Just in time for Father’s Day, a spotlight on a project exploring LGBT families through the lens of a filmmaker with a transgender dad.
Growing up in a small conservative Michigan town, Sharon Shattuck had a happy family, but it was different from the others: her father, originally named Michael, is transgender, and renamed herself Trisha. While this led to some anxiety for Shattuck – chiefly because of concerns over what the townsfolk might say – her expectations were upended. In response to this experience and to rhetoric against same-sex marriage rights that questions the validity of anything but heterosexual parents, Shattuck seeks to document the realities of LGBT families in America by offering not only a portrait of Trisha and their relationship, but of other families around the country.
Shattuck is currently running a Kickstarter campaign to support the continued production of the documentary. At the time of this writing, she’s reached a third of her $15,000 goal, and has just two weeks to make the rest, so consider backing the project if you’re interested. About two months ago, the project received prime exposure through a New York Times Op-Doc, NAME CHANGE, which provides additional information.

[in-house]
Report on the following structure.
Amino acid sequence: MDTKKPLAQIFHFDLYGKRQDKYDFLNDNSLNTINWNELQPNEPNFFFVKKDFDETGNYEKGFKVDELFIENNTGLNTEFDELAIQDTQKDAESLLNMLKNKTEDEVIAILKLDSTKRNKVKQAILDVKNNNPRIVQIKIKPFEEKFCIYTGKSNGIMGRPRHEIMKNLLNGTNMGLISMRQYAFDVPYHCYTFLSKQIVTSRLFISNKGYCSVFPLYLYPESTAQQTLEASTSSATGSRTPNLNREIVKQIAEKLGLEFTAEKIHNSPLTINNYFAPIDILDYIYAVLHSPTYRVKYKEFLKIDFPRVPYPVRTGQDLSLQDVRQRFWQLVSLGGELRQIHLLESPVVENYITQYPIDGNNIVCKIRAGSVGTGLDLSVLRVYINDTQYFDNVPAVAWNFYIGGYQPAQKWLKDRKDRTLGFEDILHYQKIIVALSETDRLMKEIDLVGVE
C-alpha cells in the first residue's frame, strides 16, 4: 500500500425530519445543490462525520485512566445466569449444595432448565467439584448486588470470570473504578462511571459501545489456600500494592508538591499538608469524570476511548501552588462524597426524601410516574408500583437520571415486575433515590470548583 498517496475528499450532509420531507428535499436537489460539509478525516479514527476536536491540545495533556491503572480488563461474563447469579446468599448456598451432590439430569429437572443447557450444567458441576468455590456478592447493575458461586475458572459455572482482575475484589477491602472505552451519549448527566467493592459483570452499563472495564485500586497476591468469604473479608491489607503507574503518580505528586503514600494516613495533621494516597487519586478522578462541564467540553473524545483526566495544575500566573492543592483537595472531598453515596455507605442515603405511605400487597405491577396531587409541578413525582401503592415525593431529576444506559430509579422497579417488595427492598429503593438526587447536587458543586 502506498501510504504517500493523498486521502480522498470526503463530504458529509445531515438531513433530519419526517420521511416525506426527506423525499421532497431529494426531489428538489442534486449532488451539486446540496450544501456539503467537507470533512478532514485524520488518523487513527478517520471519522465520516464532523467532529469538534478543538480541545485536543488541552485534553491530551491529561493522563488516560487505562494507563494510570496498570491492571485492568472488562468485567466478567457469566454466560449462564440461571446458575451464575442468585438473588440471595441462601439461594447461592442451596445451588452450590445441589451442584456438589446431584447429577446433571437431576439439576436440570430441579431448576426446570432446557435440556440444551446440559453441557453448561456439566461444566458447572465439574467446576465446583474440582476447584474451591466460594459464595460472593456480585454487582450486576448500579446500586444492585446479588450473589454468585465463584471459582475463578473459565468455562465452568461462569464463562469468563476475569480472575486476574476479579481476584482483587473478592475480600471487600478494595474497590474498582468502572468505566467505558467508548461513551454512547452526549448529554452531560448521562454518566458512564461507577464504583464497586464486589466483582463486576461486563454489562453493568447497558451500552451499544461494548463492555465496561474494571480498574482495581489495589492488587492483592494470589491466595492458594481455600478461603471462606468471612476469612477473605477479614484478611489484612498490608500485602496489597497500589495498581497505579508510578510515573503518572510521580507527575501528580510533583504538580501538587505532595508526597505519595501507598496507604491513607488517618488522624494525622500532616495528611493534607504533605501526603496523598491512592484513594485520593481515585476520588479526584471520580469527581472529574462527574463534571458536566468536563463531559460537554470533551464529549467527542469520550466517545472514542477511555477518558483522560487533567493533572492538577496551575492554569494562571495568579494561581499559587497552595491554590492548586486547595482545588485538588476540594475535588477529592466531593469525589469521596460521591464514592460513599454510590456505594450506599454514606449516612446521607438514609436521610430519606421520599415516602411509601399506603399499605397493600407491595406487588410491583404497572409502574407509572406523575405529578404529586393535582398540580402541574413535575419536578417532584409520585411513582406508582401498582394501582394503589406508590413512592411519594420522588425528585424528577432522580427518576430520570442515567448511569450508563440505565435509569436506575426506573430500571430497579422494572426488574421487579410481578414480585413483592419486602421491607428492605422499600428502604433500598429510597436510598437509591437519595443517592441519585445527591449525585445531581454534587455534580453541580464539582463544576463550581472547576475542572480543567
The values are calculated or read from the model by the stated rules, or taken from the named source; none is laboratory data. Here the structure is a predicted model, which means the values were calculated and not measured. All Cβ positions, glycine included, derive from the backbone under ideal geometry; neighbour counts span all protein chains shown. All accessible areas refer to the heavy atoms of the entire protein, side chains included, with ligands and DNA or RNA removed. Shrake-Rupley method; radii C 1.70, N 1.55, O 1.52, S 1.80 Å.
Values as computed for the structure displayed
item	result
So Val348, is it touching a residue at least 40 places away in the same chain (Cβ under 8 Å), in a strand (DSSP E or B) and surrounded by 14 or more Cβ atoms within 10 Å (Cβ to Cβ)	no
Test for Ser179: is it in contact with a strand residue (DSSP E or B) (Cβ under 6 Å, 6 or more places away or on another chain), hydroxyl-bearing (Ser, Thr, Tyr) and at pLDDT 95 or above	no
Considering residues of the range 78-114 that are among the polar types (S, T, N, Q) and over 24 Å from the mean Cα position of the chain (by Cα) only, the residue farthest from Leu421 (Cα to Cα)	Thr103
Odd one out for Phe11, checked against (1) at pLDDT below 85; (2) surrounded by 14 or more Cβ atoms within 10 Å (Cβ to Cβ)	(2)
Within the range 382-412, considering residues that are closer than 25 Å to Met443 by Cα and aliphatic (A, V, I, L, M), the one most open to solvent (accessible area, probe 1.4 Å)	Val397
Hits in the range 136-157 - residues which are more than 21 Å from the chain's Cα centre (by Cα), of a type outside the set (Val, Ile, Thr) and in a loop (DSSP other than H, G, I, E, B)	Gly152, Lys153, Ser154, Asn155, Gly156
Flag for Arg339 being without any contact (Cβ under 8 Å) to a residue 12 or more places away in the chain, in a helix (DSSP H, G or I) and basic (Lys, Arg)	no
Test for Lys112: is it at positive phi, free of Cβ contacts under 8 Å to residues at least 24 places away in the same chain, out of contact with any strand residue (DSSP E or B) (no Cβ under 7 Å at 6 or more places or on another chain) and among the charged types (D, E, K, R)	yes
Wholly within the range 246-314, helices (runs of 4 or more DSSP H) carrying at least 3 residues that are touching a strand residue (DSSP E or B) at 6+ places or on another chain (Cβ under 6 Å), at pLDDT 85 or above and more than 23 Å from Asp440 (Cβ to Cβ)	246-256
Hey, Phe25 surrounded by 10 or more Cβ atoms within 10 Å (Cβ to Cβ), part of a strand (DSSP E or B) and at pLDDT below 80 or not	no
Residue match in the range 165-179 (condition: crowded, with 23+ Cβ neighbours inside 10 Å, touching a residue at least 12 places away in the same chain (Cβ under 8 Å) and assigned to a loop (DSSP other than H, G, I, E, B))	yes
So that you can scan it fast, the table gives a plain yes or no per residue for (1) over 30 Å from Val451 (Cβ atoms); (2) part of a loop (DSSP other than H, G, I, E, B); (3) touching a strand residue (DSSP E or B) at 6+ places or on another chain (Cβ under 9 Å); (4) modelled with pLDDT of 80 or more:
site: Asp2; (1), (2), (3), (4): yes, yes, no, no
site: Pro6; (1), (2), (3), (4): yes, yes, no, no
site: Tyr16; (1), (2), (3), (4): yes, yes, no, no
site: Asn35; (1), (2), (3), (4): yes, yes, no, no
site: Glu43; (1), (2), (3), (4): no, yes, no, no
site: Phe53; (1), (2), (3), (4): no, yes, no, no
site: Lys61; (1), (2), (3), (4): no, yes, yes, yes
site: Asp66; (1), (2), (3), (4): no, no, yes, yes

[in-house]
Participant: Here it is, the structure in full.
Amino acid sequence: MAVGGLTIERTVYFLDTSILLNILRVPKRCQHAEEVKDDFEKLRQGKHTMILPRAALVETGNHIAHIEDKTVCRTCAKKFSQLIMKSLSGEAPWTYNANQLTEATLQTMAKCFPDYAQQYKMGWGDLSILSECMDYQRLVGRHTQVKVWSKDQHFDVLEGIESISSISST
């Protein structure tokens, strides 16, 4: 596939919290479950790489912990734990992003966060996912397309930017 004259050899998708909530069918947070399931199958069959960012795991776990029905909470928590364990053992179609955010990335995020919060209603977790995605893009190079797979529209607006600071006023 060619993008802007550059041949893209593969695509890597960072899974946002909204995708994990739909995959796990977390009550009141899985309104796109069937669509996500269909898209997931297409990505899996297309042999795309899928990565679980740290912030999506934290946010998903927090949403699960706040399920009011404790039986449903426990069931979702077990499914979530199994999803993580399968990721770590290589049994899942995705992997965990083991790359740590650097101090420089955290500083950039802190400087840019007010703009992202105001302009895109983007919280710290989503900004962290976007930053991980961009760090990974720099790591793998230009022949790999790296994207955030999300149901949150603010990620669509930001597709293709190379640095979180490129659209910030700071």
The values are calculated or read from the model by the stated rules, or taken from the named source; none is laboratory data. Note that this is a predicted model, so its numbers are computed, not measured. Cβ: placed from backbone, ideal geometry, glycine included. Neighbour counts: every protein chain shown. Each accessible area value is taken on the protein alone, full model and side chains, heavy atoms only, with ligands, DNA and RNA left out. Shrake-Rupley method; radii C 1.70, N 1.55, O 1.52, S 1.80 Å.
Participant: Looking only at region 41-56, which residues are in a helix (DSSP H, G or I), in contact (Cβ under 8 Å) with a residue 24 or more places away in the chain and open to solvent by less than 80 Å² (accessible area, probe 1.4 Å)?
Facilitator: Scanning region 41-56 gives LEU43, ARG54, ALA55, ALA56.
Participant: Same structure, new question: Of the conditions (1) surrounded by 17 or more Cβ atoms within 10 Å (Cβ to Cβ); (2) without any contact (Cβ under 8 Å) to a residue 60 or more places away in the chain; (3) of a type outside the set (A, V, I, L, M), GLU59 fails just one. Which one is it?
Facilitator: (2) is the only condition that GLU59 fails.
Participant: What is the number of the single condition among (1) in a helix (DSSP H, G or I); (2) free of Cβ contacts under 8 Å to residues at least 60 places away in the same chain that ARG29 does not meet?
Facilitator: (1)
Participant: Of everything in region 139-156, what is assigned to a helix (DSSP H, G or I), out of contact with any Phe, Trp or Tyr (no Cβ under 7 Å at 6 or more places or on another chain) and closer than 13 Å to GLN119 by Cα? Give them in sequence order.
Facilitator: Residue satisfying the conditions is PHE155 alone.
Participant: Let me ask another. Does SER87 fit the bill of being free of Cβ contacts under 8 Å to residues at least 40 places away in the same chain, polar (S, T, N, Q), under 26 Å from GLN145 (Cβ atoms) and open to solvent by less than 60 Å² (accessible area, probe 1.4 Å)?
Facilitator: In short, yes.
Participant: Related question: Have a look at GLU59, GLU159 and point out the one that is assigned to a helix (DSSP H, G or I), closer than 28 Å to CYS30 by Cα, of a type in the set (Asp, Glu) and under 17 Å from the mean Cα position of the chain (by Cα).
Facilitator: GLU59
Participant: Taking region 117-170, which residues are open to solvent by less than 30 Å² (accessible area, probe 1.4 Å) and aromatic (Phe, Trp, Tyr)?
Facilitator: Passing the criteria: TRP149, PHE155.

Based on the strength of the Op-Doc, and the participation of Wicked Delicate Films (whose KING CORN remains one of my favorite docs of recent years), I have high hopes for Shattuck’s project (though I would consider a title change – it sounds very much like a working title at this point). I’m drawn to the exploration of unapologetic, open LGBT lives in non-urban settings, challenging both expectations of where queer people “belong,” and stereotypes of close-minded small-town communities – this aspect of the project, from the interactions between Sharon and Trisha, seems most promising to me. I’m a little wary of the potential of a survey approach to lessen this impact, depending on how many other families are profiled, but it’s a smart filmmaker who is able to recognize how much of a story their subject can sustain; Trisha is engaging, but it’s probably the case that her relatively uneventful story was perfect for the Op-Doc length rather than that of a dedicated feature. Additional profiles should, of course, help to make Shattuck’s larger point that “healthy families” encompass more than one type – a thematic update to Meema Spadola’s 2000 doc OUR HOUSE – but I am curious how she will fold in these additional subjects relative to the story of her own dad.